Atrial fibrillation

This section briefly describes the project that I undertook for my MSci with Kim Christensen to model Atrial fibrillation as a cellular automaton. More information can be found in the article that he and his PhD student published.

What is Atrial Fibrillation?

Atrial Fibrillation (AF) is the most common form of sustained cardiac arrhythmia (problem with the heartbeat) in humans [3]. It is characterised by the atria of the heart “quivering” instead of beating regularly, caused by the muscle cells on the atrial walls contracting in a disordered fashion, rather than in sync with each other. This results in reduction of the volume of blood output from the atria. Although this reduction is only of order 10% [1], it can cause clots to form in blood within the atria, which in turn can lead to stroke [2]. Other symptoms include hypertension and chest pains [3]. The figure to the left compares a normal heartbeat (below) to a fibrillating one (above) [4]. You can read more about the clinical details of AF on the NHS's website.

What's a "cellular automaton"?

To put it simply, A cellular automaton is a model that consists of cells with discrete states, whose states are updated every “time-step” based on a set of determined rules. For example, I might have a 2D grid of squares, each with a number "0" in. One rule might be that if your neighbour has a "1" in it, then next time-step, you have a "1", too. If I stick a "1" somewhere in the centre of the grid, I would see a sort of fire spreading out from the starting position.

So what did you model?

Modelling the heart as a 2D cylinder and sticking the sino-atrial node on one edge, you can see waves spreading across it.
By introducing a chance for individual cells to be defective, and changing the frequency of branches between cardiomyocyte fibres, then with certain parameters, atrial fibrillation occurs.


  1. G. Ertl et al. The effects of atrial fibrillation on coronary blood flow and performance of ischaemic myocardium in dogs with coronary artery stenosis. Clinical Science, 73(4), October 1987.
  2. UpToDate. Atrial fibrillation. Webpage. Found at Accessed on 05/Apr/2014.
  3. Ulrich Schotten et al. Pathophysiological mechanisms of atrial fibrillation: A translational appraisal. Physiol Rev, 91:265–325, 2011.
  4. NHS. Atrial Fibrillation. Webpage. Found at Accessed on 24/Nov/2014.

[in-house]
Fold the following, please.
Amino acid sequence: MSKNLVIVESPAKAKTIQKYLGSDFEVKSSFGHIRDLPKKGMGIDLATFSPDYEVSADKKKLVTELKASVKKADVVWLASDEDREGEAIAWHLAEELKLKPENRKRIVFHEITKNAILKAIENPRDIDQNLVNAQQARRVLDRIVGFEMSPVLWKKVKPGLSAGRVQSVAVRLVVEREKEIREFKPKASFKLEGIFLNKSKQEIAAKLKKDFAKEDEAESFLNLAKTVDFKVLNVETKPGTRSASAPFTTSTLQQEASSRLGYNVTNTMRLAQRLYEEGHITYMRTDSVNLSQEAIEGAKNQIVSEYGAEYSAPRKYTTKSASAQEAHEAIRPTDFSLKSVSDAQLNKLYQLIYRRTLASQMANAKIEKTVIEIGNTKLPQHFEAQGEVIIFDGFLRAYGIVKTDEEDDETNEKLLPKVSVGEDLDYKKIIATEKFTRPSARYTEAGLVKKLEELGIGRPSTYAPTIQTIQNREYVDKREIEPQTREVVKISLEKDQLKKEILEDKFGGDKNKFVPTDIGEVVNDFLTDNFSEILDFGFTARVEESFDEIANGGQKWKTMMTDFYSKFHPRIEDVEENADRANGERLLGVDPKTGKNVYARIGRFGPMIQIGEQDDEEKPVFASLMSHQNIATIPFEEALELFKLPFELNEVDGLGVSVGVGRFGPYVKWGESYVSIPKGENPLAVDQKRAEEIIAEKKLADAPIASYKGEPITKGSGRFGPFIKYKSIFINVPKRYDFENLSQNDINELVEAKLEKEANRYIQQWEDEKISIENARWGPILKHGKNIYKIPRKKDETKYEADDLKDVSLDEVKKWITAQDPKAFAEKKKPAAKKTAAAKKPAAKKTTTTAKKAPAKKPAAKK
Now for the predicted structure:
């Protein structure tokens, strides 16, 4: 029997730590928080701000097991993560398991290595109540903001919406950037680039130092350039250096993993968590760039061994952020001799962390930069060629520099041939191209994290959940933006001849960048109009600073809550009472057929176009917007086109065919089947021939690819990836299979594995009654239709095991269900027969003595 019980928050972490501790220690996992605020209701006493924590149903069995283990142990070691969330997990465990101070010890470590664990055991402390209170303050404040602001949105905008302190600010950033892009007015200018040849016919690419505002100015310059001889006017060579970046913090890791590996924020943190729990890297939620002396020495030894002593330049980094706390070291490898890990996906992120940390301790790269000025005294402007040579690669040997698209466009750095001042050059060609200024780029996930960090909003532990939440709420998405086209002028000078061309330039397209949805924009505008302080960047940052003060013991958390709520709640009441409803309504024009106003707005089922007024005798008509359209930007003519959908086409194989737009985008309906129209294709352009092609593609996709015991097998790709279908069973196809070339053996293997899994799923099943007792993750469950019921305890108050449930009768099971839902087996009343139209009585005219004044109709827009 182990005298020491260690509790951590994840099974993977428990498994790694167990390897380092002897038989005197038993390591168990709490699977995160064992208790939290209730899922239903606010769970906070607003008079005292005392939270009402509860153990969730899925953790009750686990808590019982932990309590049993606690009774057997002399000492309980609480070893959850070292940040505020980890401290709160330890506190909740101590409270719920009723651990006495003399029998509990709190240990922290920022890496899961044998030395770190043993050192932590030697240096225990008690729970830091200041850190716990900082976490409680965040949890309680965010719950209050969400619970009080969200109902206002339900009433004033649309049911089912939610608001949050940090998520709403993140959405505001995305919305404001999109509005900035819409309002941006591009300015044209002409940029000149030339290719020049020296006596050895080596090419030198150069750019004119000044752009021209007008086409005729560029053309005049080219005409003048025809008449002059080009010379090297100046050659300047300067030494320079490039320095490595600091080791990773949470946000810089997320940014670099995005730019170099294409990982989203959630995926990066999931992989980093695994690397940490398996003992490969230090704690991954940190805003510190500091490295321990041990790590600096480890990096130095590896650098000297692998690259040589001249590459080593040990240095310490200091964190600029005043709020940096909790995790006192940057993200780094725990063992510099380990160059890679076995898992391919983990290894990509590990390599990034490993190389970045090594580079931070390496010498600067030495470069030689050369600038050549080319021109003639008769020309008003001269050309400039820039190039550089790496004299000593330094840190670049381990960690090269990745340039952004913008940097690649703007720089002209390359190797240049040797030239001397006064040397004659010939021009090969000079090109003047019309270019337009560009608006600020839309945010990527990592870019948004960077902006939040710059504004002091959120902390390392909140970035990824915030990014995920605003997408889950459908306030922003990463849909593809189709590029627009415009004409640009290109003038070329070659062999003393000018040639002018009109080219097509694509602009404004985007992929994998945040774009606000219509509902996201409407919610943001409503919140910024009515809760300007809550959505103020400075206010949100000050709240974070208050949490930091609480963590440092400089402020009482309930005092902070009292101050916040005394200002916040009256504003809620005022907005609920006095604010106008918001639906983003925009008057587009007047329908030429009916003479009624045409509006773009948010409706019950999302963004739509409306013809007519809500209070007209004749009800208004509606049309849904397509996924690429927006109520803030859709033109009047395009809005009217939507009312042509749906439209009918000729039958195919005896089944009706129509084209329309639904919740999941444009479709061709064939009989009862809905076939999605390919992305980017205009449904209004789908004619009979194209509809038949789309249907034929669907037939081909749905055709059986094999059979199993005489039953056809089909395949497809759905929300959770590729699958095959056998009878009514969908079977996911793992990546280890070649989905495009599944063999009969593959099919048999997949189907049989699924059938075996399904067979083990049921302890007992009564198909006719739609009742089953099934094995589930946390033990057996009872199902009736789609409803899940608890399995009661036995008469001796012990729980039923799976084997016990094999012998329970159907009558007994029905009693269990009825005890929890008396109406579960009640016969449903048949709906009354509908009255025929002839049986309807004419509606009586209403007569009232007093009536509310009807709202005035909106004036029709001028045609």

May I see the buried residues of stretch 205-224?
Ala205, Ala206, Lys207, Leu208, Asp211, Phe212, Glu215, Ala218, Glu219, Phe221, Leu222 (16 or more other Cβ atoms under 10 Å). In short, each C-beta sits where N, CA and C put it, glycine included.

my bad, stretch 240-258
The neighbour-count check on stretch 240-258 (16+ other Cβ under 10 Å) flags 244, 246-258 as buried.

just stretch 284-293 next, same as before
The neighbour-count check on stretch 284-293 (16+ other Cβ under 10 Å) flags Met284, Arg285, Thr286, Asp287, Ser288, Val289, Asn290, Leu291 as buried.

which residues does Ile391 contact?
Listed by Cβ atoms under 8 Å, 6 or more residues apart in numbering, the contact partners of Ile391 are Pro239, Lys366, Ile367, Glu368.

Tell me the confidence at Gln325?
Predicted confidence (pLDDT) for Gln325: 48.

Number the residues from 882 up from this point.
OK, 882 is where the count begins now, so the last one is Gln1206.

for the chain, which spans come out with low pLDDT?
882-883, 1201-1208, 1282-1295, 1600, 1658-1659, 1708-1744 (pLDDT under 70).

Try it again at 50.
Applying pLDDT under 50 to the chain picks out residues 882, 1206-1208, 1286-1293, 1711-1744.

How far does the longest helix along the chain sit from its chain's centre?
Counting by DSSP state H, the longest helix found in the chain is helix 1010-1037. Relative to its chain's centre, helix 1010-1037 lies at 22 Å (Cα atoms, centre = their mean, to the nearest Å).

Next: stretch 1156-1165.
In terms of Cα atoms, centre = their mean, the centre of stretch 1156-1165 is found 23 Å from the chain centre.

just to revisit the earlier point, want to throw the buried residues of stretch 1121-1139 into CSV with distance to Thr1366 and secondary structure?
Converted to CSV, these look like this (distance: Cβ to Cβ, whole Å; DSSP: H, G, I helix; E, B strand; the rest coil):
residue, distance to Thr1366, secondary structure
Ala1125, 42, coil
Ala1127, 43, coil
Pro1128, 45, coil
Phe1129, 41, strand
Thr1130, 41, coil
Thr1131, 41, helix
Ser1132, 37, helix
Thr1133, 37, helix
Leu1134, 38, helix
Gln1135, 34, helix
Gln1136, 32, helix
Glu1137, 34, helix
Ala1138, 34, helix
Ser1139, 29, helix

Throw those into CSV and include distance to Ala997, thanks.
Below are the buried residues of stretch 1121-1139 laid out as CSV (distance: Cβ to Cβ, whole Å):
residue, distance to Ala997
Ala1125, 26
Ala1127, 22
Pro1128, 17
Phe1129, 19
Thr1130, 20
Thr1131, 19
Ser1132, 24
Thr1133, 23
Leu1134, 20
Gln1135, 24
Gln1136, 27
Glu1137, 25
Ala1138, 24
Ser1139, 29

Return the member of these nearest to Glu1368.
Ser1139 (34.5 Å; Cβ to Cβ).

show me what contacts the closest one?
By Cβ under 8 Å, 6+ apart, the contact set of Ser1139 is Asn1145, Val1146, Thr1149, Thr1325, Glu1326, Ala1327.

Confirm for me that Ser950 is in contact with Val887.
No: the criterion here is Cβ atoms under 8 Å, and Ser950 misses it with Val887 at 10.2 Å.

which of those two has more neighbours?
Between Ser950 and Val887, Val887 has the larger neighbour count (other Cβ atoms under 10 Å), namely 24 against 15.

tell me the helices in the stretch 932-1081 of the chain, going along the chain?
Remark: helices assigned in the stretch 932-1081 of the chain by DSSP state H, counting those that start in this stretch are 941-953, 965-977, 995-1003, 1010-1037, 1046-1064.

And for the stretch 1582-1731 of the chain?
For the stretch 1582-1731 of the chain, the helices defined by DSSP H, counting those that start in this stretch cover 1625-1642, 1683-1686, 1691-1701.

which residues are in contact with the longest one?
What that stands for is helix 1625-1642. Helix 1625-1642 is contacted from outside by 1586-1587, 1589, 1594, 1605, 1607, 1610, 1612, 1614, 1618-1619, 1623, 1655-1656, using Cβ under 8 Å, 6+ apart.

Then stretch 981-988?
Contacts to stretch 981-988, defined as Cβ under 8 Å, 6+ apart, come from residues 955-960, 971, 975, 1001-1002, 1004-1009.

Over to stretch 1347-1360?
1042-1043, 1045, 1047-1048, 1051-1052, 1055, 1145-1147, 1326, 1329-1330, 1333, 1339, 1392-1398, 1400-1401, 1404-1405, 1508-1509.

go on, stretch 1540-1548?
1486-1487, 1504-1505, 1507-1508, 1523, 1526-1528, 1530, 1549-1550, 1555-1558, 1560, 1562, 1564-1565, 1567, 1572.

5. Cardiomyocyte image: University College London. Cardiac muscle. Webpage. Image found at Accessed on 10/Sep/2013.

Protein interaction networks

This section briefly describes a project that I undertook on Protein Interaction Networks in the Oxford Protein Informatics Group, with Charlotte Deane, Jonny Wray (e-Therapeutics) and Mike Bodkin (Evotec).

Slightly more information can be found at the group's blog.

Why protein interaction networks?

If all of the functions of a cell are carried out by proteins, then intuitively, all of the information about what that cell can do and how it reacts to different situations should be encoded in these proteins and the way they interact with each other. Through various experiments, we can produce a network of all of the protein-protein interactions that we know about. You can then perform community detection on this network, which is an algorithm that splits up nodes into likely groups based on how much they interact with each other compared to everything else.

However, there are two problems with this approach. Firstly, the interaction network represents all of the interactions between proteins, but not all proteins are present in every cell. In fact, these interactions may not occur all the time in the same cell, or at the same strength. The network entirely misses the biological context. Secondly, the techniques that we use to discover interactions are not perfect, leaving us with approximately a 50% false positive rate for edges on the network... and a 50% false negative rate, too. Normal community detection is not robust to this kind of noise.

Gene expression data

The flip side of the coin is to analyse dynamic changes in gene expression by cells after applying some stimulus, like starving them of amino acids. What you end up with is a time course of the expression of all the cells, which you can compare between a perturbed and a control system. However, this only allows you to make binary comparisons, and some of the relationships between pairs of proteins will be weak. This approach is vulnerable to false positives and negatives.

Taking the best of both worlds

In my project, I investigated ways to combine these approaches. I calculated the correlation between the expression pairs of genes and compared genes that interact or not. I then performed community detection on the protein interaction network and compared the correlation of pairs of genes in the same community or not. What resulted was the figure to the right - which was encouraging!

What about the function of clusters of proteins?

This brings us back to the whole point of this project. We used correlation to try and apply a score to different communities on the network, and looked at how these scores changed between different expression sets. For example, I looked between a control set of expression data in yeast and a set where the yeast was suffering a heat shock. Through this, certain communities gained a higher score... which I hoped meant they had some function to do with heat shock. I ended up with a list of communities with scores that change quite a bit between various conditions. I used functional annotations by some kind hearted experimentalists to try and validate these scores, as well as "borrowing" some code from someone else in the group.